Sunday, September 18, 2011



When Larry was a child his Grandmother had a pressure cooker and she used it a lot to can fresh vegetables from the prolific garden maintained by his Grandfather in their yard.  When it was on the stove the pressure cooker would hiss and the tiny valve perched precariously on the top would rock back and forth as the steam escaped allowing tantalizing odors to escape into the air.  

One day this idyllic venue erupted into a bomb!  Larry was just about to enter the kitchen when there was an enormous "whooooof" sound followed by whap, splat, whomp, splat, splat, splat.  When Larry walked into the kitchen the walls and ceiling looked like a Jackson Pollack painting covered with what we refer to as the drip and splatter school of art.  Only this was beans.  Beans on the ceiling, beans on the walls and beans on the windows and counter top.  Beans all over.  Larry's Grandmother ran to him to make sure he hadn't been parboiled by the erupting liquid.  Larry swore on the spot that no matter what, he would never, never allow a deadly weapon like that in his kitchen.  

Flash forward forty years. 

Cooking show.  Featuring a Pressure Cooker.  Larry was about to turn it off, when Elizabeth said, "Wait, they say it's explosion proof."  Larry replied, "Yeah, that's what they say, but I don't believe it.  Death by beans will not be in my future."  Elizabeth went on and on about all the wonderful meals we could make in a nanosecond  and it would be really good for us as we both worked and really didn't have time to cook during the week and it was on sale and we could return it if we didn't like it and we got a free cookbook with it and wasn't it really cute and it kept all of the nutrients in and .... well, you get the idea.  Three days later the doomsday machine arrived.

It was a Fagor Pressure Cooker and worked on the stove.  It had a safety lock on it so it was impossible for it to explode.  The first recipe we did was spaghetti sauce.  Larry refused to be in the kitchen until it was done and then ran in, removed the cooker from the stove and ran out of the kitchen until the pressure returned to normal.  It worked like a dream for over fifteen years.

Now, years later the Fagor Cooker is now replaced by a larger electric Cuisinart; pressure cooking is no longer a 'run for the bomb shelter' event in our family.  We have made many a wonderful meal in these safe to use appliances.  Food cooks amazingly fast.  Cheap cuts of meat become tender and the variations of what can be made in these machines is astounding and food comes out tender, flavors married like old folks celebrating their 60th anniversary.  We can not recommend them enough.  Do your self a favor and buy one.  Use it safely and in good health.  They are no longer an excuse to repaint the kitchen when the beans explode.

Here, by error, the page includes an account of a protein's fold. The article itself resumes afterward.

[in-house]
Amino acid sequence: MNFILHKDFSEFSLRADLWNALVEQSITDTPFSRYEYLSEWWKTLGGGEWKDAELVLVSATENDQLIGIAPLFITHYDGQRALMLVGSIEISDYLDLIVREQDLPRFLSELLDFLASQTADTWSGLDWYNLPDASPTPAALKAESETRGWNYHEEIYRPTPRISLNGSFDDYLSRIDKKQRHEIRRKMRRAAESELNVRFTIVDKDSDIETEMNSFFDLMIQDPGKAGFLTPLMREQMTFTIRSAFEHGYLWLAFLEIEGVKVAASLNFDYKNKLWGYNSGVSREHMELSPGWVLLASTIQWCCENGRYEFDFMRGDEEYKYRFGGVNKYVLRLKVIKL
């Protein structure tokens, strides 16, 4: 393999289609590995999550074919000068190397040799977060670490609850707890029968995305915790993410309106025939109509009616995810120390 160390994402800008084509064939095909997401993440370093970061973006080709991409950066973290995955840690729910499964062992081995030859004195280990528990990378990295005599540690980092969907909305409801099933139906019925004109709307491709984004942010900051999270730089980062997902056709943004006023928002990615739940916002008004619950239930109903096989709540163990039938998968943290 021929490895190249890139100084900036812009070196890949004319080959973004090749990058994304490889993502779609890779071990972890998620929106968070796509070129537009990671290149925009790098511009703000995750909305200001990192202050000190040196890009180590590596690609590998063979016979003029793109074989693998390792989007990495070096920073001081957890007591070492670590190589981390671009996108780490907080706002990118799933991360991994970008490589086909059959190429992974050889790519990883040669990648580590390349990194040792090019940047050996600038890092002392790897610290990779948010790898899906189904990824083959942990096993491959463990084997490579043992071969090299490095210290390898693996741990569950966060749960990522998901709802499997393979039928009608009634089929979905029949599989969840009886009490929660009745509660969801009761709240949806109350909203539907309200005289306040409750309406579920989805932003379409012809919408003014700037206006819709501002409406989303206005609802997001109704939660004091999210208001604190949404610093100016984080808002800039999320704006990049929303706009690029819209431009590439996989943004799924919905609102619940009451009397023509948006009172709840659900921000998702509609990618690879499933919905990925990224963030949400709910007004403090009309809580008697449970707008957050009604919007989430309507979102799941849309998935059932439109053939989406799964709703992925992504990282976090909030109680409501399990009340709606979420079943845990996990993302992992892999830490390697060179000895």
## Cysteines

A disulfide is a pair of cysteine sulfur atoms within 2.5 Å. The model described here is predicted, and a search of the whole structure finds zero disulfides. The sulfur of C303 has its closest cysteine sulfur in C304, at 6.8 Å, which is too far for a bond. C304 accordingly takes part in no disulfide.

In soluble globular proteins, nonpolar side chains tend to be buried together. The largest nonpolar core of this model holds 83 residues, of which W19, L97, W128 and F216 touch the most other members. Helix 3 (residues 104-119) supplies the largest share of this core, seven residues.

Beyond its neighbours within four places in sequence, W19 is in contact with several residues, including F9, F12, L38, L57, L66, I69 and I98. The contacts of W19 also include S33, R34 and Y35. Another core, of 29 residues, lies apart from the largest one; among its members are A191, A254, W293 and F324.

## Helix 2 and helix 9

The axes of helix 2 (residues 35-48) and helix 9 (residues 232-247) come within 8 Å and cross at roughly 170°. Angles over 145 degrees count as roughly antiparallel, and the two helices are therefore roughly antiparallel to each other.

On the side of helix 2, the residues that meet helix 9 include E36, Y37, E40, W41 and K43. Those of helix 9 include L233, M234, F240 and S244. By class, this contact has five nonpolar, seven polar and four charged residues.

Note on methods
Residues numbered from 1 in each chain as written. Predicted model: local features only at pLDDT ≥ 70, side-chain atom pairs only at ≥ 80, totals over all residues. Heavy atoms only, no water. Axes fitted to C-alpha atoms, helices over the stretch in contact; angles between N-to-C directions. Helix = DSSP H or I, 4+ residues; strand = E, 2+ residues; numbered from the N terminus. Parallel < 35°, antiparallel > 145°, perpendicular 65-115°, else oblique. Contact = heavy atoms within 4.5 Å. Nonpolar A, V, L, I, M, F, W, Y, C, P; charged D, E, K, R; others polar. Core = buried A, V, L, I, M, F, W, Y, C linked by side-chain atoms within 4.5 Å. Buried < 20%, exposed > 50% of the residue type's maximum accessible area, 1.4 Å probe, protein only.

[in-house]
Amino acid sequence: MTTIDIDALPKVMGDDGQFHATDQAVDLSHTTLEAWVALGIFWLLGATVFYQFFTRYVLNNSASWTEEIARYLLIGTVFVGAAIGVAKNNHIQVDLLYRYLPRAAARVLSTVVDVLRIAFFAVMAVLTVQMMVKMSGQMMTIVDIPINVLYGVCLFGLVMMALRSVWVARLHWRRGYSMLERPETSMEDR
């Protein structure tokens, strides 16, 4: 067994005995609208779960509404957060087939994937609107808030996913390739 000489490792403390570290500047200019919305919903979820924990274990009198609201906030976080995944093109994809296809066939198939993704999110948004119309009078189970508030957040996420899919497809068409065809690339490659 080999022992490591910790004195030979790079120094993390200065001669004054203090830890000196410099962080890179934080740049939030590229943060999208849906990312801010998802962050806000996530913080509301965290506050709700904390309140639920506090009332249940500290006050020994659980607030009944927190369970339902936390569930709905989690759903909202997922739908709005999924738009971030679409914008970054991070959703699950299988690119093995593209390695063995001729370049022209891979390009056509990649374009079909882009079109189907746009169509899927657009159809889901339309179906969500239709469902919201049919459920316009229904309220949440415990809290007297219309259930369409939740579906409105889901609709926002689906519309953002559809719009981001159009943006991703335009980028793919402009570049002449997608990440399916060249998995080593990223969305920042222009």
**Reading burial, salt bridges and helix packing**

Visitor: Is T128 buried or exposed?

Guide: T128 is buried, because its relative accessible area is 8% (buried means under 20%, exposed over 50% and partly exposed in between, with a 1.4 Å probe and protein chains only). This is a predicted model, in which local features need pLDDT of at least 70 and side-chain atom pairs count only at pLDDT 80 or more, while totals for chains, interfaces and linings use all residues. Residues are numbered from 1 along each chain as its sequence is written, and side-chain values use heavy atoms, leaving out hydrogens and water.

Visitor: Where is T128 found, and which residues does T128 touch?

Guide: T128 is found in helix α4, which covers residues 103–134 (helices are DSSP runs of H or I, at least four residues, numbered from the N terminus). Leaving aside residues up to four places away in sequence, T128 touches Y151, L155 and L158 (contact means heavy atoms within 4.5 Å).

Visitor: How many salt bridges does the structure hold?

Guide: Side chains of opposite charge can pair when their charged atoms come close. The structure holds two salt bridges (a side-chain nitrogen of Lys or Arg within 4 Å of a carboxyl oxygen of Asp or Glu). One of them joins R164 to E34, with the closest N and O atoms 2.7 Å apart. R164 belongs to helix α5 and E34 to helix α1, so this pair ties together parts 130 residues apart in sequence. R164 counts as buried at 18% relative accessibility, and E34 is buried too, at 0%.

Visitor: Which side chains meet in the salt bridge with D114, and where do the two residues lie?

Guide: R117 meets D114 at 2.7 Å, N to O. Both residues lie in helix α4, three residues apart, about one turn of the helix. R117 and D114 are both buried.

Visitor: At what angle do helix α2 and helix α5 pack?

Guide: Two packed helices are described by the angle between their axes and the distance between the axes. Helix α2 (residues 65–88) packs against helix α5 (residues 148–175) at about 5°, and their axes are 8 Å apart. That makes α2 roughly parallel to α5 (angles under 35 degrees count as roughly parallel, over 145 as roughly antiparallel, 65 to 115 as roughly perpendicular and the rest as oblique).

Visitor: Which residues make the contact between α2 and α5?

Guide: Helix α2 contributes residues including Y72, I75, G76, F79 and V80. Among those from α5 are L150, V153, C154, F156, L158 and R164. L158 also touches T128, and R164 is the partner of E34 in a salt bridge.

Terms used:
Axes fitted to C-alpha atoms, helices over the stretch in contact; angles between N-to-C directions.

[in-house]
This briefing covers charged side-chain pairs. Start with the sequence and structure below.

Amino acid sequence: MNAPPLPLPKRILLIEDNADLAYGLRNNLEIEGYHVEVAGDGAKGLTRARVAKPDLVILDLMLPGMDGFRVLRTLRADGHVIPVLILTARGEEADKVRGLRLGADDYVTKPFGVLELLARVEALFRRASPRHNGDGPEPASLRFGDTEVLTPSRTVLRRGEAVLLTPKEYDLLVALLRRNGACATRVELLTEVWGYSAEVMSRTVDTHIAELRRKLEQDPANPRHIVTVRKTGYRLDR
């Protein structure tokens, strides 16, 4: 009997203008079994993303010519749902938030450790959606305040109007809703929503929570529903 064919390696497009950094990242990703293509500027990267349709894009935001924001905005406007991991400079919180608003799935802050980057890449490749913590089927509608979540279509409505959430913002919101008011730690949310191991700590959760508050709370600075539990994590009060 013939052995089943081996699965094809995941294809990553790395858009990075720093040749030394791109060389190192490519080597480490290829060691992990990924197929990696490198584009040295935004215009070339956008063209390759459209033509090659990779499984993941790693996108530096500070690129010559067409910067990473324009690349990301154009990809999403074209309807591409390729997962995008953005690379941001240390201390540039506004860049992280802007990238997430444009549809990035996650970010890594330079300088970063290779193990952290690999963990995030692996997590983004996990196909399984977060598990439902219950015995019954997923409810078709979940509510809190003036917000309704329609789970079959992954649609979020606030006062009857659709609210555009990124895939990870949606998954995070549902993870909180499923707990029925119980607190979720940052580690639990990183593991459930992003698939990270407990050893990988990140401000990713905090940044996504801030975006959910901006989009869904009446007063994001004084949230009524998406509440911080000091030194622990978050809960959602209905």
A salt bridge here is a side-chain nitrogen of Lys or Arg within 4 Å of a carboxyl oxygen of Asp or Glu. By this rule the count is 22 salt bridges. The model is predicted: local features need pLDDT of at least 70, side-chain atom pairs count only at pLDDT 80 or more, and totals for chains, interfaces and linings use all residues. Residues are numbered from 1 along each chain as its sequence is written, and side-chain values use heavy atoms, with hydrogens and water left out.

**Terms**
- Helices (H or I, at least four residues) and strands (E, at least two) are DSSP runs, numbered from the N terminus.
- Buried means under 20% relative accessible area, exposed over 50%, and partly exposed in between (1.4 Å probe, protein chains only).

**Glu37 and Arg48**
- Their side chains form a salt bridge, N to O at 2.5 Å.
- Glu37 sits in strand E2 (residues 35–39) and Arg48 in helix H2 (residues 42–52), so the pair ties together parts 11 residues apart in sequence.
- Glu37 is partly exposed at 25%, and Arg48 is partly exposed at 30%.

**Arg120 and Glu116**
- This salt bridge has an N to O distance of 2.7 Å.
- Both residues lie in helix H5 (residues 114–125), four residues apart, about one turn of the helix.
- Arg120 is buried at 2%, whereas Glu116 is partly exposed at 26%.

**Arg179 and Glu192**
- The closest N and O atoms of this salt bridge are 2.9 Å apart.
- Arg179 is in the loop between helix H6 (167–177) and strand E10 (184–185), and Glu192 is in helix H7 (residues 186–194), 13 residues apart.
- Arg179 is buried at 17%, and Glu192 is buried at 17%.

Following is the first thing we made.  Spaghetti meat sauce that tastes like it's been cooking all day at a slow simmer and yet it is ready in 8 minutes! Perfect for quick meals.  (We suppose one could make this in a slow cooker; we have just never tried it.)  Here's the recipe that started it for us and is still one of our very favorite Spaghetti meat sauces recipes.  Vivo Italiano (or something like that)!


1 Pound ground beef (We prefer the 97% fat free, but that's for health reasons ... the 80% is just as good.)
1 large onion chopped
1 clove garlic, minced
1/2 cup celery, chopped
1 green pepper, diced
2 teaspoons salt
1 cup water (We use 1/2 cup water, 1/2 cup red wine)
1 8 oz. can tomato sauce
1/8 tsp crushed red pepper flakes
1 tsp parsley flakes (2 tsp fresh parsley, finely chopped)
1/2 tsp Greek Oregano
1/2 tsp sweet basil
1 bay leaf
1/4 tsp thyme
2 tsp sugar
6 drops Tabasco sauce
1 6 oz. can tomato paste.

Heat cooker and brown meat in a tiny bit of olive oil.  Stir in remaining ingredients, except tomato paste.  Close cover and cook for eight minutes once cooker has come to high pressure.  Turn off and let pressure return to normal.  Stir in tomato paste and simmer uncovered to desired thickness.  Serve over pasta (we like the extra thin spaghetti).
Sprinkle with Parmesan cheese.  A word to the wise here.  Buy a block of Parmesan and grate it just before using.  (You will never use that canned stuff again!)  When the rind is left, put it in a bag in the freezer and throw it in with meats or stew.  Remove before serving.  Gives a richness and depth to the flavor.

Serve with tomato, avocado and basil salad and some garlic bread sprinkled with fresh parsley.

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